THIS week, the prime minister was photographed handing out compensation cheques to family members of the victims of the Punjab CTD staged shootout on the Motorway in January. Four people were killed in the incident.
Those killed included a man, his wife and 14-year-old daughter, and their neighbour who was driving them from Lahore to Sahiwal to attend a family wedding. Three minor siblings of the slain teenager escaped alive, but not before two of them were wounded by police bullets.
The police first claimed that the occupants of the car, and motorcyclists accompanying them, fired at the police when asked to stop and were killed in retaliatory firing. The Punjab law minister echoed the police claim and also said the whole operation was based on an ‘intelligence agency’ tip-off.
Threat and attacks come from many directions, and mistakes do happen when responding to them. But still, the loss of innocent lives can never be justified.
Later videos shot by passengers travelling in a bus which happened to be not far from the car showed the police version to be utterly fabricated as it became apparent that the occupants were shot in cold blood.
The media spotlight on the case, especially since the events took place on a busy motorway in broad daylight, not only meant the truth became widely known but also that the demand for justice for the innocent victims gained momentum.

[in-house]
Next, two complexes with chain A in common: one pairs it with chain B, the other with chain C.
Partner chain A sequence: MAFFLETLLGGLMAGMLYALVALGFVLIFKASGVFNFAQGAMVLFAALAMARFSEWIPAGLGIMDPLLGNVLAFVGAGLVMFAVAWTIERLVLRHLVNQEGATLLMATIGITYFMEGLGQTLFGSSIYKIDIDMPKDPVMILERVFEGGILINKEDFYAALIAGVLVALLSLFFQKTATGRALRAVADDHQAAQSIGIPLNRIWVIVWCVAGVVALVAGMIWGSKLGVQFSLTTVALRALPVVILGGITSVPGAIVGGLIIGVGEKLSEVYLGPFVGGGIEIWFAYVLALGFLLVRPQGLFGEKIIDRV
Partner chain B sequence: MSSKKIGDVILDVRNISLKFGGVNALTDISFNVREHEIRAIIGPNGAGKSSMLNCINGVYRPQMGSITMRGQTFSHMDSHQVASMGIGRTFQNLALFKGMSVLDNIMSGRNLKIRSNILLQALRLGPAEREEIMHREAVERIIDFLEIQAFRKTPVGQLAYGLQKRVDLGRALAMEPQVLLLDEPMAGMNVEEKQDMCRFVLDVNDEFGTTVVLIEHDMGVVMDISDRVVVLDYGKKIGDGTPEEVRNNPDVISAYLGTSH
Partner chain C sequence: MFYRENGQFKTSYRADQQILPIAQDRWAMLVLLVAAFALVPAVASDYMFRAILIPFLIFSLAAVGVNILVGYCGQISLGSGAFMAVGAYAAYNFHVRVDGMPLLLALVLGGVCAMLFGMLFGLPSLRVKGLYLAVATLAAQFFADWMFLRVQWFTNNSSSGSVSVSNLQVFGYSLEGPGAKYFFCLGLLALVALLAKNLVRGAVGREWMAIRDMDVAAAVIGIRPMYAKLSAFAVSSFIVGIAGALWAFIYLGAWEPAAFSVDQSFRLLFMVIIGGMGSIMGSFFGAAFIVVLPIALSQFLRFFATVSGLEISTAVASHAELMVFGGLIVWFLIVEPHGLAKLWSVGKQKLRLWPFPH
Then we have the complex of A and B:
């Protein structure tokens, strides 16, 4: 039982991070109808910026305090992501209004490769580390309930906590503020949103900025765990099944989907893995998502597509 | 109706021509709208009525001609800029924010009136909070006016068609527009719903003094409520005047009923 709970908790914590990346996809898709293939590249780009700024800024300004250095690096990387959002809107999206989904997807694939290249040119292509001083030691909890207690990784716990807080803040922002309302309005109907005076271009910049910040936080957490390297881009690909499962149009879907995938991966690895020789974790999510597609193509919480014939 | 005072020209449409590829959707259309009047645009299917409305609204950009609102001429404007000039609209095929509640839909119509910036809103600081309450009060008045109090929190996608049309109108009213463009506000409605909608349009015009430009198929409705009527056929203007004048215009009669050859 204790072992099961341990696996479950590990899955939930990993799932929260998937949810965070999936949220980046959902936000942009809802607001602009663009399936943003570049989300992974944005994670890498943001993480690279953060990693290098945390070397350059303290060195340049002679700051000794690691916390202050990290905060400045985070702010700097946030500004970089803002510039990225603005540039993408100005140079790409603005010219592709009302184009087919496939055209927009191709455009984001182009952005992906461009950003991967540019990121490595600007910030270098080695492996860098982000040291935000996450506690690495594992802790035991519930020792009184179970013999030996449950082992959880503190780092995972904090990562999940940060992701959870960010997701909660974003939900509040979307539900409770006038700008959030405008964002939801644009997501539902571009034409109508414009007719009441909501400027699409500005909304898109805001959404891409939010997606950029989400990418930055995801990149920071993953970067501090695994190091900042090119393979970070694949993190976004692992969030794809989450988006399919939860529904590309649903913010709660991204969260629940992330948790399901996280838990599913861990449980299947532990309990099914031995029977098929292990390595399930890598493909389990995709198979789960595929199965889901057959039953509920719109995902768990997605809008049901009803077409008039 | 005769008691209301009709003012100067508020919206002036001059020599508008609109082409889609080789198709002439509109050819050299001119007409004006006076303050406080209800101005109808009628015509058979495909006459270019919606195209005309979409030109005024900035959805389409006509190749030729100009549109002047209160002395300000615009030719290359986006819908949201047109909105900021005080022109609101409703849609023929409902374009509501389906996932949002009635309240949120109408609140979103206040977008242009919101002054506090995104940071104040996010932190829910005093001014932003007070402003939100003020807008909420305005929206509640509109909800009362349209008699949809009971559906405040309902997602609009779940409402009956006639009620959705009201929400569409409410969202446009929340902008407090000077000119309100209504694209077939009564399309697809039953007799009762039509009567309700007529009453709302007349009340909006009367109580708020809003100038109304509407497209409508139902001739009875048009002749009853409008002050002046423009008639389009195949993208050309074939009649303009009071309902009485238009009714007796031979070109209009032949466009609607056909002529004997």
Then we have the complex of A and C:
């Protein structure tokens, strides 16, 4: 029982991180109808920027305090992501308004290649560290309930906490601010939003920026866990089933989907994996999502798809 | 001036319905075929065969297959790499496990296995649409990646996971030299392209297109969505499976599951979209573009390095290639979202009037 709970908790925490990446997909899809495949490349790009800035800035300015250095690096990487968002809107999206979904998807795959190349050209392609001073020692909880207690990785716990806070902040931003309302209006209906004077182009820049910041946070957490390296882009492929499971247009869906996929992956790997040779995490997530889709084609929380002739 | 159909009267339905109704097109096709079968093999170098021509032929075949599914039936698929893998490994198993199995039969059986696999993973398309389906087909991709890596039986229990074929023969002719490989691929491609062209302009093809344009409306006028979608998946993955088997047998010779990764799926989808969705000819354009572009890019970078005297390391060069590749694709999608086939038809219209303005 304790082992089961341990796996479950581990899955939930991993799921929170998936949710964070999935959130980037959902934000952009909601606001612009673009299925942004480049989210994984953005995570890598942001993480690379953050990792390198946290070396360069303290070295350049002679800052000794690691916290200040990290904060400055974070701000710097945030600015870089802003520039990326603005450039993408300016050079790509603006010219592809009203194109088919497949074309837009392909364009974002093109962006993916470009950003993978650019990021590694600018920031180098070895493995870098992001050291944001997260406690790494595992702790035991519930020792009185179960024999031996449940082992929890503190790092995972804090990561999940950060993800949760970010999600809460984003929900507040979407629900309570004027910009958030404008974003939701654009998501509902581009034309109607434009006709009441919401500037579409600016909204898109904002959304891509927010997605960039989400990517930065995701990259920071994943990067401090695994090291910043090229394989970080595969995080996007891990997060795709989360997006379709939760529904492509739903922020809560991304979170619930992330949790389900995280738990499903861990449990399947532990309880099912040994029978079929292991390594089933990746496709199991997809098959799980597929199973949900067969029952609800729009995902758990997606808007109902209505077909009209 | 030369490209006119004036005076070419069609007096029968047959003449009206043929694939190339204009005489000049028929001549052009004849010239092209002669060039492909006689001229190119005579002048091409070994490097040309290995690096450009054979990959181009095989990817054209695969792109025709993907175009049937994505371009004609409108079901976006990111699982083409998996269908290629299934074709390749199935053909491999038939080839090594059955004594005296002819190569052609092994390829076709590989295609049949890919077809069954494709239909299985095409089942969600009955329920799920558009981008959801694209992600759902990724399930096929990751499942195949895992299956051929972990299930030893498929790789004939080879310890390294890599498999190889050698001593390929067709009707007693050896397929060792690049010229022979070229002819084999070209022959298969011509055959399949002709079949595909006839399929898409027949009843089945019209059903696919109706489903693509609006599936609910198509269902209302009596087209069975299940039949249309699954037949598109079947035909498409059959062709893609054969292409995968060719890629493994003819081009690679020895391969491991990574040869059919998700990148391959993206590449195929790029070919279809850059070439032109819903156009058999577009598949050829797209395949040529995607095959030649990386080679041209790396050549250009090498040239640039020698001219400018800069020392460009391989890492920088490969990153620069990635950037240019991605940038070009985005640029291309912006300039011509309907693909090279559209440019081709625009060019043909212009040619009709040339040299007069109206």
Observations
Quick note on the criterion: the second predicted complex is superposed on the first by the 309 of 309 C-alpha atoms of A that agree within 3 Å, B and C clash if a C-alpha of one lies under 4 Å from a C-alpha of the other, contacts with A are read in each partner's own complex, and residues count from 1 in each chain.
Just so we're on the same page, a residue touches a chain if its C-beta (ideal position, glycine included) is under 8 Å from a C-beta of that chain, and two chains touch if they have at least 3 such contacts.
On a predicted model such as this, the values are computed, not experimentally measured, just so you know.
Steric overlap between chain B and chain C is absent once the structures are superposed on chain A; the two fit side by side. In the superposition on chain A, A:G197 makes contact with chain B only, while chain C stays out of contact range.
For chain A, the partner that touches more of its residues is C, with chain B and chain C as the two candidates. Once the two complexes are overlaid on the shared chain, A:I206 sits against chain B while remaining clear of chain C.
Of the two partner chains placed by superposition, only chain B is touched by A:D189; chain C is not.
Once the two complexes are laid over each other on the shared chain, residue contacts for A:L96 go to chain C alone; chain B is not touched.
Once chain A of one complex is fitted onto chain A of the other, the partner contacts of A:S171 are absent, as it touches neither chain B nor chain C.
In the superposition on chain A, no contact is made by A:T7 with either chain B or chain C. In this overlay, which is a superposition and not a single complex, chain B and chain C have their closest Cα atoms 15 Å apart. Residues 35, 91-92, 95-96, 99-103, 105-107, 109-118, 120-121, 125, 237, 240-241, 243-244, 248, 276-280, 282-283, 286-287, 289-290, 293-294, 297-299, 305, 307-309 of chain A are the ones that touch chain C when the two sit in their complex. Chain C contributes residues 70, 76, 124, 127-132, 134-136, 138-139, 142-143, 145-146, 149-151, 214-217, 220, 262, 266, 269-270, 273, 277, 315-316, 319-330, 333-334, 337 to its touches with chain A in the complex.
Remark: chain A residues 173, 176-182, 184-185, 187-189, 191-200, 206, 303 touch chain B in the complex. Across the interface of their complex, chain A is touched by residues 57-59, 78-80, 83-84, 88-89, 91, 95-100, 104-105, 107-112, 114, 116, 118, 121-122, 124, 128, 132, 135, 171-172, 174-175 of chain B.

Rather than order a judicial commission to inquire into the incident as the family members of those killed had been demanding, a joint investigation team was set up with three police officials and one ISI and IB officer each as members.
It did appear strange that three police officials were being asked to inquire into a case involving their very own counter-terrorism department and intelligence officials were made part of the probe where their own organisation(s) were supposed to have provided the ‘tip-off’ that led to the tragedy.
Three months on, the trial of the five policemen (a sub-inspector being the highest ranking among them) who were involved in the shooting is under way in Sahiwal. Since the minor children of the victims are the only witnesses of the atrocity, they have to suffer the trauma of traversing the same road their parents and sister were killed on for each hearing.
The affected family’s lawyer Ihtasham Amiruddin passionately pleaded for justice for the victims and lamented that the children had not even been paid the promised compensation, when he appeared on DawnNews TV’s programme Zara Hat Kay which did a detailed segment on the case last Tuesday.
He said after the initial media spotlight on the case faded, the government seemed to have lost interest in the matter and Shahbaz Gill, who said he’d been designated by the prime minister to assist the family, stopped taking their calls.
Ihtasham Amiruddin also said he’d approached the Lahore High Court to have the case moved to a court in Lahore as the children suffered taking the tragic route for hearings in Sahiwal. He was also concerned about the safety of the ‘star witnesses’ as they’d received many threats.